Marlon Brando’s celebrated performance in Kazan’s On the Waterfront represents the other side of the coin – a performance that produces a bisexual reading by glorifying a feminized male.
Brando’s feminization of a male protagonist is most notable in the infamous glove scene where Malloy is situated on a playground scene talking with his romantic interest Edith. Malloy during his flirtation picks up a glove which Edith drops and slips it over his hand. This action signifies Brando’s willingness to don a female garment, effectively engaging in an act of cross-dressing and momentarily transforming his character into a type of transvestite; this signaled Brando’s disposition to engage in feminine behavior such as indulging in a character’s emotional turmoil which was uncharacteristic of male film stars during the Studio Era. Brando’s feminization of Terry Malloy is further emphasized by positions of the characters within the scene.
Malloy is seated on the swing while Edith remains in standing position; the stances of the characters in the scene allows the female lead to maintain the dominant position while Brando occupies a space of submission as he is forced to look up to Edith’s character. The differences in posture also serves another function. Edith in her possession of the dominant stance symbolizes a position of strength which is reinforced by the narrative as her character never wavers from the morally right position of opposing the local mafia.
Malloy’s character, however, spends the majority of the film oscillating between action and passivity as he struggles in defining himself against a patriarchal figure. As a washed out boxer who experiences a crisis of conscious after partaking in the assassination for the local mobster, Malloy is constantly torn between opposing the local mafia and doing nothing. This indecision illustrates the character’s vulnerability, a vulnerability that is not shed until the character’s indecision is resolved and his male identity is reaffirmed through the confrontation with the mob boss.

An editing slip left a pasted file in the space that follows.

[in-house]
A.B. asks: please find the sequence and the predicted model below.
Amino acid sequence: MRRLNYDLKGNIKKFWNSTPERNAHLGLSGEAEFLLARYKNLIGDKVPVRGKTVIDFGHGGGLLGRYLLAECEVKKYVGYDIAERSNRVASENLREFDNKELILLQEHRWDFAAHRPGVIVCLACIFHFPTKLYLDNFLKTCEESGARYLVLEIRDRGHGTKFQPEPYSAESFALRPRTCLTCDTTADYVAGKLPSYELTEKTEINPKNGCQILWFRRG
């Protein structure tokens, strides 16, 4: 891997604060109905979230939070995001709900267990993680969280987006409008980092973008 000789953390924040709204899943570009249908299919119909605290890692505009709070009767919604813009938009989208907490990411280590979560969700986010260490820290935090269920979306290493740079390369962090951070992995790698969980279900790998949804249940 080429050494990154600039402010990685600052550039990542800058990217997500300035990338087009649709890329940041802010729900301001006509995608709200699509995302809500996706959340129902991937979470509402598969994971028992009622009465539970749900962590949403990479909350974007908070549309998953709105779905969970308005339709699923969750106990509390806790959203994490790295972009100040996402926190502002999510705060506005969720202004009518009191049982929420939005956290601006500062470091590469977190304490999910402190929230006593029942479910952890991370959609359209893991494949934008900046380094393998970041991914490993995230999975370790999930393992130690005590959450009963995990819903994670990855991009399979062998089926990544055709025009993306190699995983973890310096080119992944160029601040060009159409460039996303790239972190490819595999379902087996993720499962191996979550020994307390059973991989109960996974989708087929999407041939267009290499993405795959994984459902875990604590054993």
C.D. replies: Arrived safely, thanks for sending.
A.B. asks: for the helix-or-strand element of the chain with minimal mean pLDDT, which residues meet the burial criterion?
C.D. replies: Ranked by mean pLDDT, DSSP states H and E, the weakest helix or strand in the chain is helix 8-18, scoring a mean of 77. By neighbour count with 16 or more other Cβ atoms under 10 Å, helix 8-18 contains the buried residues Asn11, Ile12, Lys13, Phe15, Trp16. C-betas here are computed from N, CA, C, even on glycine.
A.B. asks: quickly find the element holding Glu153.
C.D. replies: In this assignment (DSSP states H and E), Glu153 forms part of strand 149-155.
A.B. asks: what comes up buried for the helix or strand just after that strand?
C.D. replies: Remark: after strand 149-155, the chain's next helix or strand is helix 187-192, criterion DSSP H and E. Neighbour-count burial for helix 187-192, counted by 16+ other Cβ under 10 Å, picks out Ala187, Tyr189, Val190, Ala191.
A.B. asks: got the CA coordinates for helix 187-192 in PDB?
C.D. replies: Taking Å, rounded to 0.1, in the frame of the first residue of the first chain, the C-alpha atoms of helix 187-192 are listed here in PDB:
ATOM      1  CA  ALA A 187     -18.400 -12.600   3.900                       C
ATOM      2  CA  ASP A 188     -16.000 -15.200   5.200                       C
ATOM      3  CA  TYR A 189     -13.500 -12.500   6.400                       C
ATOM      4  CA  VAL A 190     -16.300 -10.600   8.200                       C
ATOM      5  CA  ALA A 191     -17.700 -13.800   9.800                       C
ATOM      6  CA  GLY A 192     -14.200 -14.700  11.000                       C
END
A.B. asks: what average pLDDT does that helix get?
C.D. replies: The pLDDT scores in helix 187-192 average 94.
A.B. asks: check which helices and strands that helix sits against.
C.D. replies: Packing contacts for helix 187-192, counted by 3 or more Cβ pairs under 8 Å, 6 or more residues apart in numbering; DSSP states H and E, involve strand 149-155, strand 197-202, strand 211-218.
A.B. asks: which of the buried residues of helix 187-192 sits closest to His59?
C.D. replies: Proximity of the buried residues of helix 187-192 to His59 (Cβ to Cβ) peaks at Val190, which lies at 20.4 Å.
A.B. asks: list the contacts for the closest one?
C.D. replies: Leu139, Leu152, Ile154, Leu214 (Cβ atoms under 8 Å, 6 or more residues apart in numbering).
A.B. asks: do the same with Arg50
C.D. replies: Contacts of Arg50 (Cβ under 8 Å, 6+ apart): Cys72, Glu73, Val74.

Brandon’s acting style is commonly referred to as Method acting. Method acting was fashioned after Lee Strasberg and emphasized actors becoming the role by reliving their own experiences and substituting their emotions for the emotions of the characters in order to give realist performance. However, defining method acting is problematic best; indeed, the phrase method acting has become an umbrella term to describe a vast assortment of performances styles which premiered during the heyday of the Actor’s Studio. Method acting was heralded by the media as a new acting style simply because the rhetoric of film performances had changed.
The Method was held up as the first real acting style which could be studied but as Cynthia Baron argues, the Method, which actually has three main variations, was not altogether different than the Hollywood studio era. Brando, himself, is a Method actor, but his performance differs than Strasberg’s. Brando’s mentor, Stella Alder, was student of Strasberg but her performance technique emphasized script analysis and creative imagination rather than emotional memory.
Under Alder, the script provided the basis for character building and the actor simply had to delve into the fictional world that script provided. Alder’s influence is clearly visible in Brando’s portrayal as Malloy. Brando speaks with a thick accent, pausing consistently in his dialogue with other characters; this conveys the character’s muddled state of mind, illustrating the character’s inner struggle with conscious through Malloy’s lack of articulation. His inability to communicate gradually improves as his character arch progresses, culminating in the infamous ‘contenda’ speech.
Brando’s brooding expression, which is punctuated by makeup, and physical posture are also indicative of a method performance. Brando’s bulky body weight alludes to his history as a boxer. Yet, the masculine power typically associated with his character’s former profession is diminished by his tendency to slouch. This posture choice adds to his character’s lack of domination as it allows other actors, particularly the gregarious mob boss to tower over him. Like his speech, his posture slightly improves as his character transitions from a state of indecisive adolescence to hero, rebelling against the local mob.
The Verdict: A Classic For A Reason